As institutions continue to try to make their web presences relevant and engage visitors in participation via Web 2.0 tools, the Smithsonian Museum of American Art (blog) makes a genius entry into the fray. "Fill the Gap" challenges "citizen curators" to select replacement works of art for the gaps in Luce Foundation Center display cases created when works in the collection are loaned to other institutions.
From the blog: "If an object is leaving for more than twelve months, the Luce Center staff is responsible for selecting a replacement. It's a lengthier process than you might imagine. We work with the registrar, conservation, and curatorial departments to ensure that the artwork will fit in the gap (the cataloged dimensions for paintings do not include the frames!), has no outstanding conservation issues, is appropriate for the theme of the case, and has not been selected for any upcoming loans or exhibitions.
This has been a busy year so far. More than forty paintings are slated to leave the Luce Foundation Center for other exhibitions, and it is only March! For this reason, we decided to open up this process and ask our online communities for help. Using Flickr, we can share a photo of a case that needs a replacement artwork, provide information about all of the other works in the case, and challenge people to search our collections in order to find an appropriate substitution."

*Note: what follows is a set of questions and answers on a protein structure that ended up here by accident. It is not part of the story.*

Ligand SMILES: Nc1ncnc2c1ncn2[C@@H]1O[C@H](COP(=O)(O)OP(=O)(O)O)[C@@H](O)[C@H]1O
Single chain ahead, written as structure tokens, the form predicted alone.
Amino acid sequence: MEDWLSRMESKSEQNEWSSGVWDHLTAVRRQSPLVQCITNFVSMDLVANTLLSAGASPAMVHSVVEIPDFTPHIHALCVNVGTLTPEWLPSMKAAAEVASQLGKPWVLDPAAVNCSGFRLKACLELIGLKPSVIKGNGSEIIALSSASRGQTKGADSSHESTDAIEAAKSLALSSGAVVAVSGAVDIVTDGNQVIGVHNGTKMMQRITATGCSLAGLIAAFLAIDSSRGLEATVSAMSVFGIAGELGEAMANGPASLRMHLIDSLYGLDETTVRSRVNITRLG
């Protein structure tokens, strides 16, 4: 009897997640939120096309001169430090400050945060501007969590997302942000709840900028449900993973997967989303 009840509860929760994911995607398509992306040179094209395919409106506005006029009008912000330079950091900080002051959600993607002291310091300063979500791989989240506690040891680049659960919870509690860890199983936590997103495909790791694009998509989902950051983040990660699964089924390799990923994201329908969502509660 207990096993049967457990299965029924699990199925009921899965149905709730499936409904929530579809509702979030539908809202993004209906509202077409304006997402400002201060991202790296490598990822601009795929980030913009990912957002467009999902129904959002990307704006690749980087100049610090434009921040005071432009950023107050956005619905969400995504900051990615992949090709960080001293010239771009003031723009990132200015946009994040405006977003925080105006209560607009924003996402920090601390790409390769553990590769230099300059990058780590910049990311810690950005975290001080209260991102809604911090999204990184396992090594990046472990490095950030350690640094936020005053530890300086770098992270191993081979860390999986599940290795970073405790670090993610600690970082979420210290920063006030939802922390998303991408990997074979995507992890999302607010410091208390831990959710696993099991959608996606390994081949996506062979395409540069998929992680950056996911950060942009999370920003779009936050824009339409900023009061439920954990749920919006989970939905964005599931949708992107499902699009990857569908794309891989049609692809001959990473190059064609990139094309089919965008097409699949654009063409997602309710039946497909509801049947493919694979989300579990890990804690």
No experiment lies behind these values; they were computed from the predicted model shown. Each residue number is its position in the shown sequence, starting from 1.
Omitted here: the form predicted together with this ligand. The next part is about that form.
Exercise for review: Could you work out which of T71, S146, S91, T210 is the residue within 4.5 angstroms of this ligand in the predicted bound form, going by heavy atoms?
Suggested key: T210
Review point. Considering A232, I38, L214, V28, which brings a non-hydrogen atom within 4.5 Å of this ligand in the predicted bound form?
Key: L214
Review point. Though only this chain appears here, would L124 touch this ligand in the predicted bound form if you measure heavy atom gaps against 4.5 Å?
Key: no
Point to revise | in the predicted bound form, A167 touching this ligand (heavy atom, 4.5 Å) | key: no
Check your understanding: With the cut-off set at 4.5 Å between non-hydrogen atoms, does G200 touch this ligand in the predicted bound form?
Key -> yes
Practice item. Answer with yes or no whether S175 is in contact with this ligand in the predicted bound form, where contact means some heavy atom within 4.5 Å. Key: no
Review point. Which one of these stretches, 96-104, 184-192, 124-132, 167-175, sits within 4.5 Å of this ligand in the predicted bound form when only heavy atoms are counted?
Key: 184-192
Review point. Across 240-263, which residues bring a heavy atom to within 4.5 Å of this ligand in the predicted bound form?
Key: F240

Smart! A repeating contest that...
*offers a prize that costs the institution nothing, but makes the winner feel a part of the institution (creates relationships) and has value as an honor;
*crowdsources the work of the institution in an exciting (challenging, a puzzle) way and saves workers' time;
*encourages a closer look at the institution's collection and may inspire feedback on searchability and collection organization; and
*goes deeper than the one-way "name our dolphin/space station" or "post a photo interpreting our theme to our Flickr stream" invitations cropping up all over the web.
A good model.